In fact, you probably have a long time ago when you were still a kid and when quoting parents to ‘borrow authority’ was the done thing. Case in point: “My mum/dad/grand-dad said…” Does this ring a bell? Parents are equally guilty of this seemingly naive (though not-so-innocent) mistake when answering their kids who put forward questions like “Mom/Dad, why do I have to do this?” Because “Because Mommy/Daddy said so” or “Because I am your Mother/Father and I said so” would be the reply. Sure, this choice of response is more time-friendly compared to reasoning (especially with kids prone to asking “But why?” a million times). But can we really blame society for readily accepting this sort of logical fallacy? Especially when events that shape our lives are involved? Having said that, there’s no harm in using it to your advantage if you’ve got the grasp for it. So, borrow some authority today and get things moving!
5. The slippery slope or ‘great illogical leap forward’
This one involves taking a statement and bringing it to an illogical but undeniable conclusion while bypassing any need to reason or justify it. An oldie but goldie example:
If we were to allow gay marriage, society would be destroyed or crumble like Sodom and Gommorah!
A statement like that will certainly invoke images of a wrathful God (which just won’t work on Atheists, of course) but it’s also just as dastardly, or worse, if you throw in words like ‘9/11’ and ‘Muslim’ in the same sentence. In truth, homosexuals couldn’t be more distant from swarthy AK-47-wielding and turban-wearing jihadists. Plus, ask yourself what the real issue behind gay marriage is – is it about people who love ‘their own kind’ wanting the same rights to property and children as us ‘regular’ folk? If we allowed gay marriage, would we all still want to get married? If not, would it then also automatically mean that we’d stop reproducing as a species? Once granted the rights to civil marriage, would homesexuals, transgenders and transexuals want to rampage the streets in celebration and bring forth the seven Horsemen of the Apocalypse?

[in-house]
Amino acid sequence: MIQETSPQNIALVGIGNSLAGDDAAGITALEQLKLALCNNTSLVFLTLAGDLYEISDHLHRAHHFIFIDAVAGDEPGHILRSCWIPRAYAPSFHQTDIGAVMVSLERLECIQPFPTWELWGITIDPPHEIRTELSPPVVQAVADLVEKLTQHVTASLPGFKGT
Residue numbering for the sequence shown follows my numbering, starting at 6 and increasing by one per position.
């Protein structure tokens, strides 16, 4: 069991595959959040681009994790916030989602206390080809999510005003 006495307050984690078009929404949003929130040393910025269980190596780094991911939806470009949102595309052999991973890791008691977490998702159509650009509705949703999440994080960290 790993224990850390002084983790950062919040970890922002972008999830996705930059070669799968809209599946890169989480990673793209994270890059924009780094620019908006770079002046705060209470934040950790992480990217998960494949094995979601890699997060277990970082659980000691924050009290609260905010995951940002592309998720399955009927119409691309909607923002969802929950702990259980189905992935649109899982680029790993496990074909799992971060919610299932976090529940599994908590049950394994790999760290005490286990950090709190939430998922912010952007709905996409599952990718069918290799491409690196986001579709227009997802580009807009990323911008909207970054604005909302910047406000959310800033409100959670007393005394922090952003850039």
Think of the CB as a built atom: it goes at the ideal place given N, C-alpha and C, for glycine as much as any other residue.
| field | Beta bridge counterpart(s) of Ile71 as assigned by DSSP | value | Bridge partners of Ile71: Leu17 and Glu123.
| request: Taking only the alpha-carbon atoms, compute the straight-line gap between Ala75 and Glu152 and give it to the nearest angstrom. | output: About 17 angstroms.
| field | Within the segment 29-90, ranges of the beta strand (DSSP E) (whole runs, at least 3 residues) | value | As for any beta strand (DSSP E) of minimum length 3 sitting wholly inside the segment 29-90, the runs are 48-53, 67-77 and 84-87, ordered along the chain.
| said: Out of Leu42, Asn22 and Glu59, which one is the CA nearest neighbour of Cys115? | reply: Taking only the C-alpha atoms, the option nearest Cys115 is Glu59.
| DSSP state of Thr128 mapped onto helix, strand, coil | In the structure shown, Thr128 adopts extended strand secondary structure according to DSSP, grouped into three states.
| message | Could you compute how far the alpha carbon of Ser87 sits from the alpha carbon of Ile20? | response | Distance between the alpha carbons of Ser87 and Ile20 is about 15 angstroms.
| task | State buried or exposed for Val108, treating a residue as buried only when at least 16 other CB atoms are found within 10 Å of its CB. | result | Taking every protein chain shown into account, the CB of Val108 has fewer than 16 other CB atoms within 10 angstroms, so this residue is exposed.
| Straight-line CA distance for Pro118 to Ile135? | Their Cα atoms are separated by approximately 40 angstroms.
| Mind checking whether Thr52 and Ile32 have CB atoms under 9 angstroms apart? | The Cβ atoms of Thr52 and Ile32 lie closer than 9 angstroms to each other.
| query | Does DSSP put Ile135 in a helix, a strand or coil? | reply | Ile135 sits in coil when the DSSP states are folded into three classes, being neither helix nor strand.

Do you see what just I did back there? I associated God with gays and Muslims with violence all in one fell swoop and if this imagery was repeated enough, you’d be led to believe the following ‘conclusions’:
a) Gays + Marriage = Destruction of Society.
b) Muslims = Violence + Terrorism.
In fact, since many of us live in gated communities and behind locked doors, watching TV late into the night, it’s easy to be persuaded into thinking that there’s only one conclusion to every issue or topic. But have we ever left our comfort zone behind to find out what are ‘the facts of the case’ for ourselves? To reason out the prejudices and dodgy inferences? And if we have already, have we tried to free others from this sort of erroneous thinking? Or do we adopt these conclusions and force-fit them into our personal hopes and fears?
As with any science student, we should start with a premise, then search for data that supports it. Otherwise, our premise was wrong to begin with, in which case we must start from scratch again. The lesson is to never start with a conclusion and post-rationalise it with observations and mere opinions. We’d merely be disillusioning ourselves or acting on an assumption planted within us without our knowing. Data before the conclusion, my friends. And don’t let anyone persuade you about anything without your doing your own investigation first.
Remember, for this category of logical fallacies, room for reasoning and debate is usually quashed when one chooses to invoke a certain sort of imagery by tapping into your hopes or fears. It’s a very handy tool to have in our pockets if we want to sustain control over a conversation or a group but are feeling a tad on the lazy side. Try some slippery slopes in a conversation yourself and watch your opponent slide down with you.
For more sizzling examples, check out the top 10 slippery slopes used by the PAP in Singapore. For more synapse-shrinking mindfucks, however, watch this space.
(Featured image accompanying article on main page courtesy of Rex Morache, source: http://bit.ly/QYSVyo)